I started my PhD studies in the early days of the Web 2.0, and soon got distracted by making everything – including clothes, furniture, buildings and food – clickable and part of the new internet. In 2008, I set up an office in our garage and started building a self-funded prototype of a service that allows people to annotate things they see in images. I did my best to balance taking care of two small kids and developing the early idea of ThingLink. I raised seed funding in 2010, and in the first two years we focused on product and technology. I moved to the US with my kids several years later, and shortly after we acquired an interactive video platform.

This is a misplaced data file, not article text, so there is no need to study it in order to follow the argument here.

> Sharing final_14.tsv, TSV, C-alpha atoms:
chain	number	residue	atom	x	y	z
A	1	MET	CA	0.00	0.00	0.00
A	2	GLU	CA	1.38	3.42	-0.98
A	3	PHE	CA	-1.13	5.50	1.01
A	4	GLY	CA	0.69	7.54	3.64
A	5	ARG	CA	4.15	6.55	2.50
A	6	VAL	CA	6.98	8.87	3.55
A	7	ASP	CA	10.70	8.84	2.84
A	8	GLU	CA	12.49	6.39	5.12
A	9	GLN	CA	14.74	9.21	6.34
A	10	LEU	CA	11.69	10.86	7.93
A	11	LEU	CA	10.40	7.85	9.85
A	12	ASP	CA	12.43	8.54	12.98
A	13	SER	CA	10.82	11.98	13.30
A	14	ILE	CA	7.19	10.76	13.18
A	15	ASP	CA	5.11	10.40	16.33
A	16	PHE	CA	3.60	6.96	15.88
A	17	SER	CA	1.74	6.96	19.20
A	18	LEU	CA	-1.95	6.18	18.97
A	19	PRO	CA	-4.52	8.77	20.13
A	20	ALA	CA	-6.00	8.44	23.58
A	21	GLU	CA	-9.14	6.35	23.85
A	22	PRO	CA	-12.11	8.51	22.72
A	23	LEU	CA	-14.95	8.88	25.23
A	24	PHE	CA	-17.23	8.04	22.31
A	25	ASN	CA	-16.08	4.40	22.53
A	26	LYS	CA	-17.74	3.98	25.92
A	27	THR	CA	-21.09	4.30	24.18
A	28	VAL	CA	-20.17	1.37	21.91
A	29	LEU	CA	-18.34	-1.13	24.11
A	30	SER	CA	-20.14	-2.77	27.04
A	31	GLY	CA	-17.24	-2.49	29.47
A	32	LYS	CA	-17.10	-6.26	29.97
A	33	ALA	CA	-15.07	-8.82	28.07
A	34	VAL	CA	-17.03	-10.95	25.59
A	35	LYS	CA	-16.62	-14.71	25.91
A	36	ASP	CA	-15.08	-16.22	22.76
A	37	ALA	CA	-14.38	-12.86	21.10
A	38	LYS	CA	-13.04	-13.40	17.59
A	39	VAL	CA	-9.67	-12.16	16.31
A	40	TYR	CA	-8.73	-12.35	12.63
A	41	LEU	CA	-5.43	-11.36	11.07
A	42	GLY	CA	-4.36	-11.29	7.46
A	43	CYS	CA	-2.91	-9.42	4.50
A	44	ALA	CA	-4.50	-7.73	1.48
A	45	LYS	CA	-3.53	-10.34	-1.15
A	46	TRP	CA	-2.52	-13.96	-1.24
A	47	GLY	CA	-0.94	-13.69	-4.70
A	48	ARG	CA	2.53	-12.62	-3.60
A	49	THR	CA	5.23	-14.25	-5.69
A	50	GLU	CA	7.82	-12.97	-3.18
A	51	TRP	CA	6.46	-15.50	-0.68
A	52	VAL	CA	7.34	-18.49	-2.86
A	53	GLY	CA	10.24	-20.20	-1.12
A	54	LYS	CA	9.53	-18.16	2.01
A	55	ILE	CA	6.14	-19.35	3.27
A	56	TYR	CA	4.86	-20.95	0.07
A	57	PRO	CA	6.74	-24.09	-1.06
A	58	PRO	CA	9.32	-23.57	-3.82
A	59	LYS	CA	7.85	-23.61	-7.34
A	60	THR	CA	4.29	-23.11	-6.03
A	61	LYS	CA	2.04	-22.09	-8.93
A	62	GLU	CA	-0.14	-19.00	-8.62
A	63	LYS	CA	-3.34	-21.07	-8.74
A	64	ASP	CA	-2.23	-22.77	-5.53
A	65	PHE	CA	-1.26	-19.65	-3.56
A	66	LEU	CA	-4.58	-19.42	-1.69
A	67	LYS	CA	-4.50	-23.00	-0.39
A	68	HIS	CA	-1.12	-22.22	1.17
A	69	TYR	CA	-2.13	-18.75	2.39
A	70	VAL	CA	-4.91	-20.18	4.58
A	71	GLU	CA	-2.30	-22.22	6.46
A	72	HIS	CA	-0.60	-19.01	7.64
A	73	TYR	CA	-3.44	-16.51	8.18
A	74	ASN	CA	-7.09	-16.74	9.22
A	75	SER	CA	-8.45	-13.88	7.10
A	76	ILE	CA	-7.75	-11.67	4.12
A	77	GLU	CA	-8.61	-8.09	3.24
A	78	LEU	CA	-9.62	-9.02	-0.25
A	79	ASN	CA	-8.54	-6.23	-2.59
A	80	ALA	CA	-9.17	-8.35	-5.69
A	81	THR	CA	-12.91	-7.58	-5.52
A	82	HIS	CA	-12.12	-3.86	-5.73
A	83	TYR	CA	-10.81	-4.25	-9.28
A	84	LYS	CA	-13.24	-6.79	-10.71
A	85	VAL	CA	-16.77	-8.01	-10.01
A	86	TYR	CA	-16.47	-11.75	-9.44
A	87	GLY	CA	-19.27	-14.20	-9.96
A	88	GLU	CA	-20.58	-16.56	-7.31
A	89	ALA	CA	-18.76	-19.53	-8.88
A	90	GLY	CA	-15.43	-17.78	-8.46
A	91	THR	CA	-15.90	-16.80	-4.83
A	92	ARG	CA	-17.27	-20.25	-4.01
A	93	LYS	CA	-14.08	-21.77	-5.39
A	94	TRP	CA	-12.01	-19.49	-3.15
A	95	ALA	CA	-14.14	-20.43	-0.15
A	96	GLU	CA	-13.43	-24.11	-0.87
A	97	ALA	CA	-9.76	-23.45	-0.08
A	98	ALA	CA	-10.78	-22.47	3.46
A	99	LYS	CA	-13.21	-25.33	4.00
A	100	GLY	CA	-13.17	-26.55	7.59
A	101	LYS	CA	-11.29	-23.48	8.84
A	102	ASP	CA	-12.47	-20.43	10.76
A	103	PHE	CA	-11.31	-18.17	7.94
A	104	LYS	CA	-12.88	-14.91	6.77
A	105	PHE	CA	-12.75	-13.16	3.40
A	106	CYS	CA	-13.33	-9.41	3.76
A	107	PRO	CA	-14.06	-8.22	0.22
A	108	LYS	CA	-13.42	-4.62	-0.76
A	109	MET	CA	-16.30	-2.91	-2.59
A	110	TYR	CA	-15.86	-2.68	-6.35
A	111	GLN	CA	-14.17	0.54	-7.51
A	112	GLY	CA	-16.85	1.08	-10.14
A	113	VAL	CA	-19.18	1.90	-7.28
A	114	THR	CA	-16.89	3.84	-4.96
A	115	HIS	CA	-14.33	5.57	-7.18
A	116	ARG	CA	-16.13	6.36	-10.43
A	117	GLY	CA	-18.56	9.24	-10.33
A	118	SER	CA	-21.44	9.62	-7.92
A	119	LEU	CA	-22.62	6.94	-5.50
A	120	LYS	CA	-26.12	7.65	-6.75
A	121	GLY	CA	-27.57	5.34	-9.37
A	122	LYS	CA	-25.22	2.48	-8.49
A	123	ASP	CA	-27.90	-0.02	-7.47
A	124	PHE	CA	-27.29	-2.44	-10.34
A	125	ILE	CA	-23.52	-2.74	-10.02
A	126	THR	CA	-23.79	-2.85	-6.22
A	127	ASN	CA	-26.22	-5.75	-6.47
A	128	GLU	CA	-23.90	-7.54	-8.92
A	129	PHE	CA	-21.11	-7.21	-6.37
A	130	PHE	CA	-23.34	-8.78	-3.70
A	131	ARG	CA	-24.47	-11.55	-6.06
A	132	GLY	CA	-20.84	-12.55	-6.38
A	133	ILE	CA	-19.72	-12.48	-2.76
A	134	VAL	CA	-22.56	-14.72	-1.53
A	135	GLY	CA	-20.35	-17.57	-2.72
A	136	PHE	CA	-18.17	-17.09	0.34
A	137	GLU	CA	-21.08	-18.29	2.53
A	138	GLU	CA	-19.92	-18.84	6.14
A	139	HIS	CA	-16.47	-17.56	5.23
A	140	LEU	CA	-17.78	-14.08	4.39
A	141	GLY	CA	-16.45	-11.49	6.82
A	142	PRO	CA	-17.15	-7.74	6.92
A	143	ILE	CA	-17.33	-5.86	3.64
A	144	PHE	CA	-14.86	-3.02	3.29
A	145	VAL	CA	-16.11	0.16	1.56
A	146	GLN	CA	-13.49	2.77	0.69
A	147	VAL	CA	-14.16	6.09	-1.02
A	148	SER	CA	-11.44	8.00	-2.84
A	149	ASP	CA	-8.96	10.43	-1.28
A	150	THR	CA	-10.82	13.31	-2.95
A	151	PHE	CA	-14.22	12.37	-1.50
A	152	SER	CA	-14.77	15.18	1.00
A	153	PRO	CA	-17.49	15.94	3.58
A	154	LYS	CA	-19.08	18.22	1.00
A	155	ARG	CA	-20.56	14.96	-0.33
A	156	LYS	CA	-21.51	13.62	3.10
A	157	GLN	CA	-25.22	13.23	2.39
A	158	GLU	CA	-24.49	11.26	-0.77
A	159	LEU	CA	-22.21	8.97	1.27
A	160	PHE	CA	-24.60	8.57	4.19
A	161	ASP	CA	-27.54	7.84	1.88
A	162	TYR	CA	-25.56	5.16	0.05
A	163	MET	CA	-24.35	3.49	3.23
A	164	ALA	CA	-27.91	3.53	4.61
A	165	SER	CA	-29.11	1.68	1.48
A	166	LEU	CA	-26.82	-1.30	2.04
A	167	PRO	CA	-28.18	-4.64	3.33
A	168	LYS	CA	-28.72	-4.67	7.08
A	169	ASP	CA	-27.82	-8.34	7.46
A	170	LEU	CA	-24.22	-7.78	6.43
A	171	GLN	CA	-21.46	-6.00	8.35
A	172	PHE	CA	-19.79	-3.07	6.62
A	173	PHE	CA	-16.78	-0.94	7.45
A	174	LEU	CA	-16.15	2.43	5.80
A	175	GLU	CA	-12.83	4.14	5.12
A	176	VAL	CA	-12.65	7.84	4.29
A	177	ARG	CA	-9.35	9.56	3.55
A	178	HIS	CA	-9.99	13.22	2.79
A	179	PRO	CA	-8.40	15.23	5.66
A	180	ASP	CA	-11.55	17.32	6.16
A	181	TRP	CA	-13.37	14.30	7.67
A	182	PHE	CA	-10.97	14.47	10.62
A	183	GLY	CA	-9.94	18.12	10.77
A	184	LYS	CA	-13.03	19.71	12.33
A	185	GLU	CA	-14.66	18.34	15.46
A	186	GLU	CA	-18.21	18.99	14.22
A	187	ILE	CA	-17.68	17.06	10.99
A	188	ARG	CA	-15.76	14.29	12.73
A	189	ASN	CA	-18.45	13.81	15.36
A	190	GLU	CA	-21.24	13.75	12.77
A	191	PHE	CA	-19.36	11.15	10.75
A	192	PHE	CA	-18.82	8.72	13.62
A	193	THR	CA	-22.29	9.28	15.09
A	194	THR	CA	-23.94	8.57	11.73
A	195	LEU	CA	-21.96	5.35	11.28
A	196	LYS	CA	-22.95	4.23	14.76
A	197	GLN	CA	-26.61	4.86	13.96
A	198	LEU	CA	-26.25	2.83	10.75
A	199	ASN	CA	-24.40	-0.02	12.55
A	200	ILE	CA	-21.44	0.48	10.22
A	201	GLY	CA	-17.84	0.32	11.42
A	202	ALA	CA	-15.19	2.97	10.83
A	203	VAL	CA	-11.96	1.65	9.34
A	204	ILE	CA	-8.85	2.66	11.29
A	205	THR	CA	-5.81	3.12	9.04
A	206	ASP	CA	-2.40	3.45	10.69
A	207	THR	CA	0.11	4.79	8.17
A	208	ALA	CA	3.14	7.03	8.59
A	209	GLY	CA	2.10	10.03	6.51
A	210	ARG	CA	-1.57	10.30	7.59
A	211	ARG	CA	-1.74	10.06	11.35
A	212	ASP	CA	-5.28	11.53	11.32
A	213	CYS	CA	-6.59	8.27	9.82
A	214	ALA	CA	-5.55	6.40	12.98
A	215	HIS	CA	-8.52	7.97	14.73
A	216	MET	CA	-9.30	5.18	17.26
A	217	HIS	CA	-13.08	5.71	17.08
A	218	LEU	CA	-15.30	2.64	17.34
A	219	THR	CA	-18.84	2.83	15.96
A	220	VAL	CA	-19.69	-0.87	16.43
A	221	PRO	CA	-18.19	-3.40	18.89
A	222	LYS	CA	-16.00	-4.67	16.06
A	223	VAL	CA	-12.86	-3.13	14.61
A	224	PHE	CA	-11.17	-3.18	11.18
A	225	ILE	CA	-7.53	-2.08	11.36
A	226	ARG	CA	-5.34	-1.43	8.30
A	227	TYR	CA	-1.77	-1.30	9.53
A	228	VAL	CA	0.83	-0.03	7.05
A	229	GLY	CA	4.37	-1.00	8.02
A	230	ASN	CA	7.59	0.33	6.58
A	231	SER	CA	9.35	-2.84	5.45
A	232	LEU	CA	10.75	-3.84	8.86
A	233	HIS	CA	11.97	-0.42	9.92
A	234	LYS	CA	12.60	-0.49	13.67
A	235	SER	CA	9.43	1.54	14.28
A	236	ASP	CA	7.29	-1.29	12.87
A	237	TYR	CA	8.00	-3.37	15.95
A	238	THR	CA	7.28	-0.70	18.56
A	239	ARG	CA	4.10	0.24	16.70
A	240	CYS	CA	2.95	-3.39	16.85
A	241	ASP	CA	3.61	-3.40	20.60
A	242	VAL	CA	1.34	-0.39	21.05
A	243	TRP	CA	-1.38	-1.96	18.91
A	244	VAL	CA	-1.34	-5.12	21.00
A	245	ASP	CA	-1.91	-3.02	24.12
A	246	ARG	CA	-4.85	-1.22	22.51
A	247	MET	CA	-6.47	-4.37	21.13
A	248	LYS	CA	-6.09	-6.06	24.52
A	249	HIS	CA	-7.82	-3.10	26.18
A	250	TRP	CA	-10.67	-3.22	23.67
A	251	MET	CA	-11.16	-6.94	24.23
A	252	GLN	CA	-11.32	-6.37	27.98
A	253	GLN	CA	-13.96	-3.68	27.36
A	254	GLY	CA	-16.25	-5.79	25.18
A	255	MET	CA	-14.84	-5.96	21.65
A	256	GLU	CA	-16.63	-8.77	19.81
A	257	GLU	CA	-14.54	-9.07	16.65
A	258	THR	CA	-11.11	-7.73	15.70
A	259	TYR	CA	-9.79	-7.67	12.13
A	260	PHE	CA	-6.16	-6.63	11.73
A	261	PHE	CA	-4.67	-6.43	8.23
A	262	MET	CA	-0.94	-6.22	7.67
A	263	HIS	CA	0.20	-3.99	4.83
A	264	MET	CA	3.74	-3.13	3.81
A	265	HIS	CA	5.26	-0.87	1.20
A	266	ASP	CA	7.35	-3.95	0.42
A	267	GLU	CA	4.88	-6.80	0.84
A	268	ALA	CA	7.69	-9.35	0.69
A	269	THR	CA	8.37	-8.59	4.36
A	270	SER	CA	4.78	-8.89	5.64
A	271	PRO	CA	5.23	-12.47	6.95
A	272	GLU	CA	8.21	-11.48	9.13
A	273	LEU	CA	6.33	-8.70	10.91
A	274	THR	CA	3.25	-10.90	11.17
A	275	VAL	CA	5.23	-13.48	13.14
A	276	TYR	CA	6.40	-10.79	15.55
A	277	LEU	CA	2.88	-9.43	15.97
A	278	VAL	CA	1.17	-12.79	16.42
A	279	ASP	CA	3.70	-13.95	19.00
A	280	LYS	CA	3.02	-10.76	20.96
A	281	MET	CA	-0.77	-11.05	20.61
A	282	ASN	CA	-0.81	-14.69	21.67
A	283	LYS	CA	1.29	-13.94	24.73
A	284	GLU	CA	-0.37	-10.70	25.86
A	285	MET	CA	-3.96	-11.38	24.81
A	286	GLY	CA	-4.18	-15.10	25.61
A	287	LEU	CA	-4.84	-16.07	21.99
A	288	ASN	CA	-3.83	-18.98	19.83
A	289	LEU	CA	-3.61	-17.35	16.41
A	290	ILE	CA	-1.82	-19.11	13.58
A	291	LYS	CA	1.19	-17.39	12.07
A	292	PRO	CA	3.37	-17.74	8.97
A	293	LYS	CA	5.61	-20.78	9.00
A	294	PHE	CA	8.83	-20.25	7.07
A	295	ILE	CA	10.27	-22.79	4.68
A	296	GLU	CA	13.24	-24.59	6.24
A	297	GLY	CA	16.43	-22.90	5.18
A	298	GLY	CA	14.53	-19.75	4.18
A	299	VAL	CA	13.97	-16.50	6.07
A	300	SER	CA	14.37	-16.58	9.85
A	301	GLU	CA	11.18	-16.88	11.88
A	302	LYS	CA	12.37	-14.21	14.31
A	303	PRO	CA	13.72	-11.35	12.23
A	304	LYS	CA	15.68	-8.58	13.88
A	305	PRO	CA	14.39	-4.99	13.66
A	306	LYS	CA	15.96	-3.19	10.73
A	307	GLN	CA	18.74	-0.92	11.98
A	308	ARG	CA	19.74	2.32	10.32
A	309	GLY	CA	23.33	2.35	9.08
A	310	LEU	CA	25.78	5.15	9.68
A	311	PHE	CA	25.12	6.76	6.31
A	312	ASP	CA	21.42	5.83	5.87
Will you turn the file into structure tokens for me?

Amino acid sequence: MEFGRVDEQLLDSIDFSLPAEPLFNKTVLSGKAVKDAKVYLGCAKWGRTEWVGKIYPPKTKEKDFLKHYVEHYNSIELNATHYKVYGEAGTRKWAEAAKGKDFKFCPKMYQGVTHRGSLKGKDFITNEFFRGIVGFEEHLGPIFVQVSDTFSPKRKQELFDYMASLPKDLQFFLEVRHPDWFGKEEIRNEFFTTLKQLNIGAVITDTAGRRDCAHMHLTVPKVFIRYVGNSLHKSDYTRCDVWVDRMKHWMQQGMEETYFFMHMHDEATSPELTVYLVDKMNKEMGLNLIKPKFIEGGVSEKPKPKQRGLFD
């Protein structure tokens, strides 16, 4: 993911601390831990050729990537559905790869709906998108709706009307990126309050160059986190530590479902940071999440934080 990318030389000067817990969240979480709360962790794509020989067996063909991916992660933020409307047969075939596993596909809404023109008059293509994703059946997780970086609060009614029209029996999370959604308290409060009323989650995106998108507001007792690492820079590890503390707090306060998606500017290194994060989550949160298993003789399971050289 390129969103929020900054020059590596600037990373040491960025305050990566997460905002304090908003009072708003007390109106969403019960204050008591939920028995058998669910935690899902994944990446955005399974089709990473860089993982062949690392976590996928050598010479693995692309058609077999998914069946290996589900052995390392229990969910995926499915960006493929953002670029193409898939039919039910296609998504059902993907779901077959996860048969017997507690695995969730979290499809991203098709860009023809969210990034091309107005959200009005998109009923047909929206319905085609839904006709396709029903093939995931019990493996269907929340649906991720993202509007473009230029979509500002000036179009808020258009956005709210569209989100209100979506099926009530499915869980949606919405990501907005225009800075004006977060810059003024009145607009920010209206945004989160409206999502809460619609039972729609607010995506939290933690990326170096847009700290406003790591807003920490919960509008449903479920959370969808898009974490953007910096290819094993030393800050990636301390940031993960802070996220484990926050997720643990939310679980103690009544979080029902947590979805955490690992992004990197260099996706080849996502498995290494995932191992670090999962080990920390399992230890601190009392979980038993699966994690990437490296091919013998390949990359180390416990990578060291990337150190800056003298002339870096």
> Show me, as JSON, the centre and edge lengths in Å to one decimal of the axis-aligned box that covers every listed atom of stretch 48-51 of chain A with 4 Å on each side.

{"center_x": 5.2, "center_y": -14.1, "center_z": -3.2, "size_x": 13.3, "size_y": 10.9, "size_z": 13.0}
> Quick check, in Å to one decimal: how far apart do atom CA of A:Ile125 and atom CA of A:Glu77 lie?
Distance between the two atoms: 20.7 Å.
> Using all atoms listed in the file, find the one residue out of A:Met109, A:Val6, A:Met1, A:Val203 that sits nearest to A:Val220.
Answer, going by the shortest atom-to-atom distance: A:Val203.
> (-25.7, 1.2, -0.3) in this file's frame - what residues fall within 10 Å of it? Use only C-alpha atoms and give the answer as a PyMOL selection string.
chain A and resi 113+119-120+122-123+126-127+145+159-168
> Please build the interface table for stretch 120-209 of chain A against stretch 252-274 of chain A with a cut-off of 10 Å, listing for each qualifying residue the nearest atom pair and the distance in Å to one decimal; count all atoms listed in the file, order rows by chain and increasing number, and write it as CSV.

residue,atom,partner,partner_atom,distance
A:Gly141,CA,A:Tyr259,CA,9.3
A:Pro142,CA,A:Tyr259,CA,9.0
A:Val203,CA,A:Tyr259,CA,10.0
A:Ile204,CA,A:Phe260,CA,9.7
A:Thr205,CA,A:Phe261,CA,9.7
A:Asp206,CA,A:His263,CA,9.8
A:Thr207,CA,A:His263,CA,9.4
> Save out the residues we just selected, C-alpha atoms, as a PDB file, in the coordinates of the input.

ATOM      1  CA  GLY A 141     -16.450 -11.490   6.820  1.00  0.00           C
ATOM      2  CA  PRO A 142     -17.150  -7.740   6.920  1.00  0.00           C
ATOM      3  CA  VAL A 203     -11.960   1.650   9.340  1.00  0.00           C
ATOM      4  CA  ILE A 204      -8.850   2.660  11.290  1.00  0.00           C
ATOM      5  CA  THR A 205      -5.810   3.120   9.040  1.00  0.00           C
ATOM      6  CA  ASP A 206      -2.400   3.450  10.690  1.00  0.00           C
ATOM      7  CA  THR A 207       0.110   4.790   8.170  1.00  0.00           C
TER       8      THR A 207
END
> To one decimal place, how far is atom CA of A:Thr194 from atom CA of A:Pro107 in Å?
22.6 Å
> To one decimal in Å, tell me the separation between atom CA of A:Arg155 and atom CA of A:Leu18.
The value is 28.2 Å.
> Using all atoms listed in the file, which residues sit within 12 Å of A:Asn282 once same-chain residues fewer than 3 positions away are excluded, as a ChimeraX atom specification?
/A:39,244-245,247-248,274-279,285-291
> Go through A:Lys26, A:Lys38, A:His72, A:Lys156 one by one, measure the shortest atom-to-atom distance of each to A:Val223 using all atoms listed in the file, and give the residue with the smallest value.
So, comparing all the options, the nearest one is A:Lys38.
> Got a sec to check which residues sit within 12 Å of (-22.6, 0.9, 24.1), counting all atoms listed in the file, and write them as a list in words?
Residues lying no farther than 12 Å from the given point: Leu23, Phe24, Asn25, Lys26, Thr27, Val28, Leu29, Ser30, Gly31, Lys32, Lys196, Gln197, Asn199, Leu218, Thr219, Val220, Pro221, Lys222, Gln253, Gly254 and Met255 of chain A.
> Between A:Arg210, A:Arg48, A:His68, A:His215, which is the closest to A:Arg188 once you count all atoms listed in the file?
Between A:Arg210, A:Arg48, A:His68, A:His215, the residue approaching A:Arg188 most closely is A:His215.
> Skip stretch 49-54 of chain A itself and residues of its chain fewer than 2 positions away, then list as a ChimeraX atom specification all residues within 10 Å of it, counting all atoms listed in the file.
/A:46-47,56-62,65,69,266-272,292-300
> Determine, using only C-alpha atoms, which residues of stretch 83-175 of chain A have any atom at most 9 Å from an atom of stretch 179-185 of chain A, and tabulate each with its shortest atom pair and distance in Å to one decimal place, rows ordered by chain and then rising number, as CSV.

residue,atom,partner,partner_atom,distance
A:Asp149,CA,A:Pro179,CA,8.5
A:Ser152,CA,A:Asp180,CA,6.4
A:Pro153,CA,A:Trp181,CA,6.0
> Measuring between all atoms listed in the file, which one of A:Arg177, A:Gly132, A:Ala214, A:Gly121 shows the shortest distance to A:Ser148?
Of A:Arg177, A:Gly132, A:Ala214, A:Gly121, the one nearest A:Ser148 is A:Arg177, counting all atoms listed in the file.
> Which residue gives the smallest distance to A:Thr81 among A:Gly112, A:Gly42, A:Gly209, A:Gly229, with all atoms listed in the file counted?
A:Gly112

The hardest part of this journey has been to stay on course under extreme pressure and manage time, resources, investor expectations and sometimes complicated family matters. In 2015, we realized that ThingLink can support annotating 360 degree images and videos, and let anybody create stories for virtual reality. As a result, millions of publishers, educators and marketers can now use ThingLink for making everything clickable in virtual reality. Seeing my early vision come true feels like a tremendous win.